The VA was also making the process difficult because it was taking the agency an average of 19 days to submit appointments to the contractors, according to another VA inspector general report.
Yehia stressed that PC3 was new and smaller than Choice but also acknowledged that the VA didn't have any other alternatives.
"This car wasn't designed to run this race," Yehia said. "It had a very different purpose. It had a very different intention. In fact, the PC3 contract when it first rolled out didn't even have primary care. It was only a specialty care contract. It gives you the scope that this vehicle was not meant to deliver this vast program."
'Many Veterans Were Confused'
Health Net did not respond to requests to be interviewed. It runs the Choice program mostly in the Eastern portion of the United States. TriWest covers 28 states in the Western half of the country. TriWest created 10 call centers, including one in San Diego that opened in September. The company has hired more than 3,000 employees.
"Oh my God, you expect us to build networks, have all these processes in place, all these contact centers to be able to do all of these things, at a very, very abbreviated schedule," said Frank "Mac" Maguire, chief medical officer for TriWest. "I think a lot of people said, 'You are crazy.' Were we crazy? In hindsight, maybe yes, but we felt we were up to the challenge and we just want to be given an opportunity to show that it's working."
The company believes it finally has a network of doctors large enough to handle the patient load for Veterans Choice. It concedes creating a network was a struggle, in part because the VA did not always understand its needs.
Sometimes VA rules created obstacles. Until recently, the VA would not let the companies call veterans directly to schedule an appointment. The vet had to call them, which sometimes left vets waiting by the phone.
"Many veterans were confused," Maguire said. "Maybe it was a month since they've seen the VA. 'Why is my appointment not set up?' And we'd say, 'Unfortunately, we've been waiting for you to call us.' "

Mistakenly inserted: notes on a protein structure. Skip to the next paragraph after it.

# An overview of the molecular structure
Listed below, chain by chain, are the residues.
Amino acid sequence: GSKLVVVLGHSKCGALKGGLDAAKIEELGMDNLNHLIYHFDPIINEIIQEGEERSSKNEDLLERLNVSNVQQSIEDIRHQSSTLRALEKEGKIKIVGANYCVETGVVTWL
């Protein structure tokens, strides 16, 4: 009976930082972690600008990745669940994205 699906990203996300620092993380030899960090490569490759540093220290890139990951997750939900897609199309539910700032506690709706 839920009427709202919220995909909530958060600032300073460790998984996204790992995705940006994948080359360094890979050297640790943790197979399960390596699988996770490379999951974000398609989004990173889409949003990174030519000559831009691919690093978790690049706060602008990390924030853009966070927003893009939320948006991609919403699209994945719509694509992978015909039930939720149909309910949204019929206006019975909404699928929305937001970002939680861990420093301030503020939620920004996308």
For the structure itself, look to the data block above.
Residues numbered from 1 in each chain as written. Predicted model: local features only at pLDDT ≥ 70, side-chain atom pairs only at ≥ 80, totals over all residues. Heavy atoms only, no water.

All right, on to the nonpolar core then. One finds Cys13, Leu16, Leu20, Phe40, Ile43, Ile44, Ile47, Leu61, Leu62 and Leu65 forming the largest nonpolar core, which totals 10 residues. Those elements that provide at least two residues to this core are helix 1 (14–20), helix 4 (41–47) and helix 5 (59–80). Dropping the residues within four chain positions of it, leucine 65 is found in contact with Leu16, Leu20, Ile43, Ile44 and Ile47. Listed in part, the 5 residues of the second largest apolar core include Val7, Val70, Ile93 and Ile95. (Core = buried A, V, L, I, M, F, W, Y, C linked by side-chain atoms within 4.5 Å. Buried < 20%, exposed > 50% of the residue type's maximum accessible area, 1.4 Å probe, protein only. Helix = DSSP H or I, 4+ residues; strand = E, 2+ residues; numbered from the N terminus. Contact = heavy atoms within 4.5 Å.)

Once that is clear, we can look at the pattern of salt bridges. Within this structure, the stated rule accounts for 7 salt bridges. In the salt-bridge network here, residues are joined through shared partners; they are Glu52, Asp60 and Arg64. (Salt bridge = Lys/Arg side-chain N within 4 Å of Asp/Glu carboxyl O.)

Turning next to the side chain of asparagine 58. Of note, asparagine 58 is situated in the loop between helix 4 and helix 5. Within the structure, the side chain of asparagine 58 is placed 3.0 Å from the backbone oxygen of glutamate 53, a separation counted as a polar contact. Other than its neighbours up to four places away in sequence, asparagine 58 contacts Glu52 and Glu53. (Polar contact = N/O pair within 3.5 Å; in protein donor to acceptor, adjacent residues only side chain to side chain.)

TriWest believes it has a handle on the problems. In San Diego, TriWest went from a ribbon-cutting in September to more than 300 employees answering veterans' calls.
But it may be too late. The VA is now reconsidering whether it should have outsourced so much of the program — especially customer service.
Adrian Atizado, with the Disabled Veterans of America, said putting a contractor between the VA doctor and the outside physician may always cause problems.
"The third-party administrator will sometimes say the authorization is not very clear," he said. "Exactly what kind of eye check do you need? Or what kind of MRI do you need? There are a lot of communication problems when you start handing things off to other people."
Congress is looking at revamping and expanding the Choice program to cover most of what the VA spends on outside care. Considering it was born out of a scandal involving VA scheduling, some in Congress are not eager to allow the VA to take on a greater role.
The GAO report released this month says the VA's system for processing claims relies mainly on paper files — a process that adds months to the amount of time it takes to pay doctors. Whatever the outcome, the pressure is on to figure out how to get veterans the care they've been promised, without all of the confusion.